The afternoon action planning session brought participants together in small groups facilitated by school district leaders. Led by Dr. Noguera, the session provided an opportunity to identify replicable, measurable principles, policies, and practices that have been shown to work. A set of important principles emerged from these discussions—principles to be more specifically articulated as policies and practices in the emerging Action Plan.
These principles, based on Dr. Noguera’s Six Essentials for Educating Black and Latino Students, include:
The importance of mainstreaming students receiving special education services;
The importance of de-tracking;
The importance of providing linkage coordinators and building structures and processes through which information about all aspects of a child’s life are shared in an integrated framework;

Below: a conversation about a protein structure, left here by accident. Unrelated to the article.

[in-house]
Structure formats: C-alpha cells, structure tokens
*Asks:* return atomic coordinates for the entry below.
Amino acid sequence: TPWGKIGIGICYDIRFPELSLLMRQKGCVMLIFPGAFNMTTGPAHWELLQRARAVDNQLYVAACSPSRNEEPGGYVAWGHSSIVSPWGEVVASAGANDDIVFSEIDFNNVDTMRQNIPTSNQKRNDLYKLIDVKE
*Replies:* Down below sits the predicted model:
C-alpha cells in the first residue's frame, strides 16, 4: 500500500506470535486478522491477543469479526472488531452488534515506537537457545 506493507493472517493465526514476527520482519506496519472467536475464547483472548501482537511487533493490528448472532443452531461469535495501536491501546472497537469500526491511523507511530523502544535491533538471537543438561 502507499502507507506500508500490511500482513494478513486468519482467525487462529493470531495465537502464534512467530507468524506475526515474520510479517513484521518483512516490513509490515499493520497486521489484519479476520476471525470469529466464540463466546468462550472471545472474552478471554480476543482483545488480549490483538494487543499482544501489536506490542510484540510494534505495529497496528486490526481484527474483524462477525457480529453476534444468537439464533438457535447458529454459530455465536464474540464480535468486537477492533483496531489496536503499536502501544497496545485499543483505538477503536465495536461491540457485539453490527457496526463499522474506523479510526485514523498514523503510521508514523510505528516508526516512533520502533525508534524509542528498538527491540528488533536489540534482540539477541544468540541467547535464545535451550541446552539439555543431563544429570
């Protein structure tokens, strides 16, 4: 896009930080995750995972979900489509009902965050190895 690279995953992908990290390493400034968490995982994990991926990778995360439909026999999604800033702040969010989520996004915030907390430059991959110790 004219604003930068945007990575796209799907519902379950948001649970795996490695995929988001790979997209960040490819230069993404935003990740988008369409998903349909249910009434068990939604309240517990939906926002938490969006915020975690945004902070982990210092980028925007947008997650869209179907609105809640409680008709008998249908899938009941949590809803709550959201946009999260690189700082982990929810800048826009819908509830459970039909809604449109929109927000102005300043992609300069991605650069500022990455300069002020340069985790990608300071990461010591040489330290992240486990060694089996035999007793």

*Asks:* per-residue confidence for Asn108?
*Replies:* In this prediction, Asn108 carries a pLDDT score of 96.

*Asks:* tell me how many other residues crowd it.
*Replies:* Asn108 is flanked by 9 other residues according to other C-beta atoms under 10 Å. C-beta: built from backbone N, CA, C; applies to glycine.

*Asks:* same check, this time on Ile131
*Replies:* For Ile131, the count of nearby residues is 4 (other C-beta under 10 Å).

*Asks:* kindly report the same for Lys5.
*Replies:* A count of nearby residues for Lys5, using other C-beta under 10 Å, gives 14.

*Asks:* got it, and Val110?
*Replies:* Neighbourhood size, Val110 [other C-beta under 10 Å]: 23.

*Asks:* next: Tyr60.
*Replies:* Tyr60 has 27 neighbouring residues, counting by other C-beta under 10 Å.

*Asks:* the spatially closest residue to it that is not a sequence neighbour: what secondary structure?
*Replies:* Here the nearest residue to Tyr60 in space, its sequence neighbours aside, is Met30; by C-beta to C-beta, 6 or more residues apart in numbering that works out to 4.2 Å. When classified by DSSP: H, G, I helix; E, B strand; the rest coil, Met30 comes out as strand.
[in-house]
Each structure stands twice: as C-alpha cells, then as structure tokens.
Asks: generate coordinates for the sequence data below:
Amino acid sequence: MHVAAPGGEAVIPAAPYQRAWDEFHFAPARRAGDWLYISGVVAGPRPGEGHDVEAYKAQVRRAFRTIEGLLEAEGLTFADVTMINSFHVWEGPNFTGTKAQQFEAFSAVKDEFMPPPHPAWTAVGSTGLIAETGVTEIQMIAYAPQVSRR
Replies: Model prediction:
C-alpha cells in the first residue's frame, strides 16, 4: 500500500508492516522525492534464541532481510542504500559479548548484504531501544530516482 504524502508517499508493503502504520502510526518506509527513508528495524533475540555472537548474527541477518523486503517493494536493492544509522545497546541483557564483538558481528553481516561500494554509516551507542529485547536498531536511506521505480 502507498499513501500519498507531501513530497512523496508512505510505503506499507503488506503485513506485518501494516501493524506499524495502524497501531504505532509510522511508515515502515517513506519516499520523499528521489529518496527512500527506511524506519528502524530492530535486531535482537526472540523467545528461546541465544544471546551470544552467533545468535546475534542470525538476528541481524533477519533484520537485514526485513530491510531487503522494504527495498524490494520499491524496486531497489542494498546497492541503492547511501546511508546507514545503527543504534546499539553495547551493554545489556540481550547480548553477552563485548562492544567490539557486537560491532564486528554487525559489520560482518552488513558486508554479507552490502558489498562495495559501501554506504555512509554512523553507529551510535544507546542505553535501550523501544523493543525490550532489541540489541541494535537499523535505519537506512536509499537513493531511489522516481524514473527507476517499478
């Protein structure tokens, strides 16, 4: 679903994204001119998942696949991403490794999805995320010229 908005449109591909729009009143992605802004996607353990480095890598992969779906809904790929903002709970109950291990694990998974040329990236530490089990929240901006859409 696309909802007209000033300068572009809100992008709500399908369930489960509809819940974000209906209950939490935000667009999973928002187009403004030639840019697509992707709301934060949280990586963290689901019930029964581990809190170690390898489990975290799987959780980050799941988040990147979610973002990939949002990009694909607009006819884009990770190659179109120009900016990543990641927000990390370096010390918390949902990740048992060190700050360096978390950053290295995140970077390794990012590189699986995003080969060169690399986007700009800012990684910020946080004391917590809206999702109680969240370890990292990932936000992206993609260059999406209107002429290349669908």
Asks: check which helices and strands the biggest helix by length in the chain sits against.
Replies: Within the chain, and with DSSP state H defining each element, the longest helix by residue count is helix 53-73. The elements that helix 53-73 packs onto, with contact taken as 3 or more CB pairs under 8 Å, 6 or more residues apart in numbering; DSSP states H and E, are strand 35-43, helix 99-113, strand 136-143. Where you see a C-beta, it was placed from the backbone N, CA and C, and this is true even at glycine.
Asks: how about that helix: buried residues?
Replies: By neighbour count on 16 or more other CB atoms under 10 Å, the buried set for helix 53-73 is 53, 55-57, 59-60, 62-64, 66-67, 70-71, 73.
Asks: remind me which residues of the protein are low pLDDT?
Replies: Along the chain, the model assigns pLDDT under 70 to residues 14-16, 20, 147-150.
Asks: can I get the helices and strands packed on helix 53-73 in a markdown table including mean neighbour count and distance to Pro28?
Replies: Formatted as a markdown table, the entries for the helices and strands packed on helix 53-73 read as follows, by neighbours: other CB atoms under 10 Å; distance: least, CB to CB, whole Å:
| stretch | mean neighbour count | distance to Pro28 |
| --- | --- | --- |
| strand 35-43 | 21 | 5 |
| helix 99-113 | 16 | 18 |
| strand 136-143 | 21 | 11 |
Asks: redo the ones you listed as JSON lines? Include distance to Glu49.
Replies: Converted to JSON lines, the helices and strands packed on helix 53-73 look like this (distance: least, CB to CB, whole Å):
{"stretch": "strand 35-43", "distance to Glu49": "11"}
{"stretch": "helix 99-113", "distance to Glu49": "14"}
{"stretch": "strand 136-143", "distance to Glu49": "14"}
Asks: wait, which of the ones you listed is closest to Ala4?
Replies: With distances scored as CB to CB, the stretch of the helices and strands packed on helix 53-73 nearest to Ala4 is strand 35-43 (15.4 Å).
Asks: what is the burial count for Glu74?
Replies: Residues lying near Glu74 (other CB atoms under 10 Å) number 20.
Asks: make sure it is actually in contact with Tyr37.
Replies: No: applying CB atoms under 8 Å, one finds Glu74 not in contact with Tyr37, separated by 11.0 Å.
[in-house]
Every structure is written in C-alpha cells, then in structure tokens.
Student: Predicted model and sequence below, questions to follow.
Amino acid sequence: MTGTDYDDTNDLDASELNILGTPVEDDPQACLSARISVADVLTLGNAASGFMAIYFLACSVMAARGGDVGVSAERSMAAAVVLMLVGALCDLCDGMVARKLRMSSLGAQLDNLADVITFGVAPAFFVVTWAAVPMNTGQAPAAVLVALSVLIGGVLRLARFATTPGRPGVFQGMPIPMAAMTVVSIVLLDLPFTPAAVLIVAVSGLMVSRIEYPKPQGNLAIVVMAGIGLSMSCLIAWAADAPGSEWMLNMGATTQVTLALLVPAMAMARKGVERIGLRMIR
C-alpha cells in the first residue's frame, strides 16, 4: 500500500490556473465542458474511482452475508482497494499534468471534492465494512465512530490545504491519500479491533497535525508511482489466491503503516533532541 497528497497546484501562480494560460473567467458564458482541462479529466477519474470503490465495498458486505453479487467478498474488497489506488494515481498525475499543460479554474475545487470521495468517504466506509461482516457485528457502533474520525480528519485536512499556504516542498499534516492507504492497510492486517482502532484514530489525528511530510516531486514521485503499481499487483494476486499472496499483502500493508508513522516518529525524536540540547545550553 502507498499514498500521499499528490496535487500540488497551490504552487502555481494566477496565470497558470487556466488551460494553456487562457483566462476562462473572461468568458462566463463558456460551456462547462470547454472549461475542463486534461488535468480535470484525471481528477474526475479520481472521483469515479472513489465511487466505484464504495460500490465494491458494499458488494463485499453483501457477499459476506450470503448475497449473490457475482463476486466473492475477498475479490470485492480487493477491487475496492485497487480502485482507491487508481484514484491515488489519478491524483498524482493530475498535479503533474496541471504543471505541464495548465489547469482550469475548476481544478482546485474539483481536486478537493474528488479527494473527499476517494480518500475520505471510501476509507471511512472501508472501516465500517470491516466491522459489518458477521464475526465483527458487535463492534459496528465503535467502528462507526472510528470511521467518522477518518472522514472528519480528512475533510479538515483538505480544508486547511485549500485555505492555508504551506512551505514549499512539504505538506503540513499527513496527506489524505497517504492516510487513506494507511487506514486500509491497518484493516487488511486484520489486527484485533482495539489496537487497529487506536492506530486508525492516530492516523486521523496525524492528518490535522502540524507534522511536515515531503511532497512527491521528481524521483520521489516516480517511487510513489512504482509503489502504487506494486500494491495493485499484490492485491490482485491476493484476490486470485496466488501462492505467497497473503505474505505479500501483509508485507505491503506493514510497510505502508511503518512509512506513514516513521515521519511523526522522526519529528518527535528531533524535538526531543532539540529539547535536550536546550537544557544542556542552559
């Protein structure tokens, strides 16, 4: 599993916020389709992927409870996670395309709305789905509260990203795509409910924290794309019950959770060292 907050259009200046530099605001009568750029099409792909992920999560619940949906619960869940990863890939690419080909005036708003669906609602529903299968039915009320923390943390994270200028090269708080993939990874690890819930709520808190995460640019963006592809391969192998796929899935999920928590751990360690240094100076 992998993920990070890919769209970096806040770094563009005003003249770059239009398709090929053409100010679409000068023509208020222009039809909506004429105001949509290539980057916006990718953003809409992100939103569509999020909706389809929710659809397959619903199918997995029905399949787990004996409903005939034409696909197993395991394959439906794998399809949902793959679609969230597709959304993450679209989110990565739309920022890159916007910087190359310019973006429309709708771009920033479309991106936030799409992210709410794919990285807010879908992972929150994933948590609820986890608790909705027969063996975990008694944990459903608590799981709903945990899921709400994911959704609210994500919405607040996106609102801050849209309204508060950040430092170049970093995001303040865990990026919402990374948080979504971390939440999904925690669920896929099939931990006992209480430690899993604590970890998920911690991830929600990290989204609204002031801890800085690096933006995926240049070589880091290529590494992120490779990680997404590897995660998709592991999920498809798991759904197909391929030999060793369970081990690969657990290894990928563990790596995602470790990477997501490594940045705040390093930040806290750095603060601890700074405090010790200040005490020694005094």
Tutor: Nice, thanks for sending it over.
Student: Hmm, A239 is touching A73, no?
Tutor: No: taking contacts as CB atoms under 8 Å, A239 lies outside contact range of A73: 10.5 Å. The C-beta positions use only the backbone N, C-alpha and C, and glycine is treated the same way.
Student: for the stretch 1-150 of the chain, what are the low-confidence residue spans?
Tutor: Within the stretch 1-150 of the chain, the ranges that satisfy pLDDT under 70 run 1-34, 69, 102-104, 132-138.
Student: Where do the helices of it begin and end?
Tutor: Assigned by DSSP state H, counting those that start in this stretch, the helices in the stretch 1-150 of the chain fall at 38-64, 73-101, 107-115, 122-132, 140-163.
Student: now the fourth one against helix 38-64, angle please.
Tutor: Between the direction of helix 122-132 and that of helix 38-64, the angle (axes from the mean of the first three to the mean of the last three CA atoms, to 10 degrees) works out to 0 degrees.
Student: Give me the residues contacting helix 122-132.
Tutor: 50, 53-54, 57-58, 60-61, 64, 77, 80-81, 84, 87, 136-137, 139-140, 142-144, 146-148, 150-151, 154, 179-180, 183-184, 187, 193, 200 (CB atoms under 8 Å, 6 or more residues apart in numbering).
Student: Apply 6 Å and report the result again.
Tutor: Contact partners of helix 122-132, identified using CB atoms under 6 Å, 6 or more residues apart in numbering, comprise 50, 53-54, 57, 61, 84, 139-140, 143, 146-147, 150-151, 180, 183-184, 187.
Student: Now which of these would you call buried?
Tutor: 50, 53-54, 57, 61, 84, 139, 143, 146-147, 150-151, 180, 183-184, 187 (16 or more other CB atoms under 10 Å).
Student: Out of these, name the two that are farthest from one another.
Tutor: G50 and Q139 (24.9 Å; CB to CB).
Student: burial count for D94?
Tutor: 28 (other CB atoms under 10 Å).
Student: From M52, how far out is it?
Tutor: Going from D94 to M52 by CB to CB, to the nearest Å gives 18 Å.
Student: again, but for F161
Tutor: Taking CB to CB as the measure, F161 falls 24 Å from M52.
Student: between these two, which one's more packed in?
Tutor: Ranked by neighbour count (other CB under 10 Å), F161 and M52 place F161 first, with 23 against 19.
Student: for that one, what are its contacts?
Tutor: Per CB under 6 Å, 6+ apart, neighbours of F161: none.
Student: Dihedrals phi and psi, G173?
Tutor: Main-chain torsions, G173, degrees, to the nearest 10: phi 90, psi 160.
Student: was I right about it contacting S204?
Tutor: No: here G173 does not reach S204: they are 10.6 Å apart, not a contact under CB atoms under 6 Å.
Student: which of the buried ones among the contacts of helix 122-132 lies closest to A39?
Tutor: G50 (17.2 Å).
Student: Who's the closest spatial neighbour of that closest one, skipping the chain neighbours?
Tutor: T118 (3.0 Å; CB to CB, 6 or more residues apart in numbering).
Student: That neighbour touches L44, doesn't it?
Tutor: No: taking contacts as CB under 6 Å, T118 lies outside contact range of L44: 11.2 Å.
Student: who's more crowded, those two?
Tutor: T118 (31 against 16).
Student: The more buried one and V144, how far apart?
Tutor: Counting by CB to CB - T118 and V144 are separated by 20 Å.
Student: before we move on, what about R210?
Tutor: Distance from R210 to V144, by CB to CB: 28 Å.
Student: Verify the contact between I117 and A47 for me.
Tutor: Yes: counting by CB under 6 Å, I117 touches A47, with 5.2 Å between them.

The importance of ensuring that instruction is personalized, outcome-driven, and collaborative;
The importance of providing rigorous school evaluations with clear rubrics focused on student engagement and achievement;
The importance of using real-time, meaningful data, and of being skeptical of “junk” data;
The importance of embedding leadership development strategies;
The importance of increasing the relationship-building capacity of teachers;
The importance of ensuring that students receiving targeted support are not stigmatized;
The importance of building the capacity of all stakeholders to make schools a stereotype-free zone and in confronting the “stereotype threat” faced by many boys of color;
The importance of understanding childhood and adolescent development and of making it foundational in instructional practices.
American Reading Company is pleased to join the national and international conversation about how best to educate Black and Latino boys and young men. As Dr. Noguera noted on Tuesday, “The dilemma faced by boys of color is not a Black problem, or a Latino problem, or some other community’s problem. It is not even an American problem; it is a global problem.” It will take political and personal will and the best efforts of all of us to overcome the human challenges presented by this dilemma.